Saturday, 18 June 2016

The Peppermint Stick-Insect

Remember, click on the images to enlarge

Undoubtedly the insect icon of the Daintree Rainforest on Cape York Peninsula, north of Cairns, Queensland is the large, flightless Peppermint Stick-Insect, Megacrania batesii (Kirby). I have written about this beautiful insect before and you can find details about its occurrence and history at this reference. It is such a nice insect that it deserves an additional blog.
 At Cape Tribulation it can be found within centimetres of hikers that move up and down the trail. No mention of it is to be found on the descriptive sign but tour operators know it is there and often point it out to their customers.
 The Peppermint Stick Insect, adult female Megacrania batesii; Phasmatidae; Platycraninae

It is a large insect with females measuring over 110 mm in length. They are beautifully coloured with blue, green and yellowish green predominating. The sticks reside within the midrib of their host-plant, Pandanus tectarius. They often "sun" during the day in a characteristic posture. They have excellent eyesight. When danger threatens, they scuttle back and forth in the midrib, often backing down to the base of the plant where the serrations along the margins of the plant offer considerable protection.
The common name of the stick is based on the behaviour of the insect when it is greatly disturbed. Prothoracic glands (arrow) exude a volatile liquid that smells to us like pleasant  peppermint. This is so volatile that it can be detected several metres from the source. It is amusing to watch the reaction of hikers when they first detect the odour as the move by. Most think the smell is a plant of some sort but are surprised when they are advised of the source.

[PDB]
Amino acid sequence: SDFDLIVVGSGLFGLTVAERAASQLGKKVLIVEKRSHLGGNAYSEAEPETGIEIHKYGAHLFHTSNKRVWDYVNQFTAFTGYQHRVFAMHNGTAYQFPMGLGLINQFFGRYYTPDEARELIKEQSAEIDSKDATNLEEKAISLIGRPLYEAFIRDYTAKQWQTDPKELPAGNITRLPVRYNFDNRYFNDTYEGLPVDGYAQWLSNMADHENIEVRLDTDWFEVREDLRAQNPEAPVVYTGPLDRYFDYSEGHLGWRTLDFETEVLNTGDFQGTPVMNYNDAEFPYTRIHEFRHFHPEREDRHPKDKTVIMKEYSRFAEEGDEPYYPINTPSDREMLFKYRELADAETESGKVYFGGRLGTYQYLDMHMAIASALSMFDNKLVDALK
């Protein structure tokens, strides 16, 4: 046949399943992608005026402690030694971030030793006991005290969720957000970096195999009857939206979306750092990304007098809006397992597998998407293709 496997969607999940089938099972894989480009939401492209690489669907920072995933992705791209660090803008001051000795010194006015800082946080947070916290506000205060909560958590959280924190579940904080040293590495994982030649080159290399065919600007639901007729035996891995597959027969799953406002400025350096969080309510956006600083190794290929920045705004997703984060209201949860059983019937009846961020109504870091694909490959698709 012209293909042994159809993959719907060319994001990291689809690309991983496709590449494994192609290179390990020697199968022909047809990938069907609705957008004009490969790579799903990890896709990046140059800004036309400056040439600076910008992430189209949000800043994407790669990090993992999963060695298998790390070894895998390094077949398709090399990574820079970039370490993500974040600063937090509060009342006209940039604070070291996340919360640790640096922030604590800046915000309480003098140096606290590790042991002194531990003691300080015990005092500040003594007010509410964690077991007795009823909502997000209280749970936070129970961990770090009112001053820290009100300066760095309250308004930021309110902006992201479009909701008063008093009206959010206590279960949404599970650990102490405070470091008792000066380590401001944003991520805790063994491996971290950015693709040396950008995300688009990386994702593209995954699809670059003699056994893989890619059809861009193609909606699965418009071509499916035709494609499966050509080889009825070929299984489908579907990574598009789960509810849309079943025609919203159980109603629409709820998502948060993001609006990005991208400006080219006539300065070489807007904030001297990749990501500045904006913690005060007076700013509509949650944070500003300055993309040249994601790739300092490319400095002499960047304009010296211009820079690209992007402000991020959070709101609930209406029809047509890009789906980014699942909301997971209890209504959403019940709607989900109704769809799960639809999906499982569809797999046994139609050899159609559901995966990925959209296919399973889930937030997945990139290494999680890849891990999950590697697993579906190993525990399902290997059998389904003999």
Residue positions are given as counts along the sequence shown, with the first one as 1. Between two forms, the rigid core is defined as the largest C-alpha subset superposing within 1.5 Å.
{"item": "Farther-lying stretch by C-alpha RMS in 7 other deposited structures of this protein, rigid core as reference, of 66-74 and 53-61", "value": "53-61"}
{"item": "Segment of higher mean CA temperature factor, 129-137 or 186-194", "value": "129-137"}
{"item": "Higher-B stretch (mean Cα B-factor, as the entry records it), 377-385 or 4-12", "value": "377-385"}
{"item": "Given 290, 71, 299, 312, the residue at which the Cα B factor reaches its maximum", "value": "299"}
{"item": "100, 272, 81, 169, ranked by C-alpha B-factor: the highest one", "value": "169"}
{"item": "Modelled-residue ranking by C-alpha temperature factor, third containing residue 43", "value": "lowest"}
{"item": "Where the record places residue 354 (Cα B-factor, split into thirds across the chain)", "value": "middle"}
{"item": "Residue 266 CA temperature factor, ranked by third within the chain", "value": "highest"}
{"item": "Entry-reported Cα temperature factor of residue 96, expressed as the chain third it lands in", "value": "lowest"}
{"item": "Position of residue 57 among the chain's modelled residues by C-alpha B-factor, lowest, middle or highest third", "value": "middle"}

The small nymphal stages of the Peppermint Stick are also strikingly coloured.
 Most of the Pandanus plants are not occupied by the sticks and display no damage.
 With a little practice, one can sight plants that are likely to harbour the sticks. Note the condition of the leaves in the background. This is from feeding but it can be many weeks old.
 These leaves have been eaten by several sticks over time. This feeding damage is severe and obvious. At a picnic area to the south, the sticks almost totally defoliated the host plants.
Some patches of Pandanus are more affected than others. Why is this so? No one has the answer. It could be that some plants taste different and therefore, there are plants the insects prefer. Or it can just be serendipity-they have patchy distributions because they have patchy distributions. There is the opportunity for some research here.

The Peppermint Stick-Insect has an odd geographical distribution. It is known from the Solomons, New Guinea and the Bismarck Archipelago. In Australia it has been found from Cape Tribulation south to Clump Point, south of Innisfail.

The egg-laying habits of the females may have the answer to its spotty distribution. Eggs accumulate in the detritus at the base of the leaves in the axils. During cyclones, clumps of Pandanus often become dislodged and float out to sea. Some may reach shore at a locality far removed from the source. Perhaps, this is how the Peppermint Stick-Insect gets around. But it does not explain why some plants are occupied and others are not.

2 comments:

Gary Wilson said...

Re. the fact that some but not other plants are fed on by the stick-insect, it is salient to note that the same occurs in other species associations. For example, Common Brushtail Possum will strip the foliage of one tree of a Eucalypt but leave an adjacent tree of the same species untouched. One suspects some chemistry is involved here.

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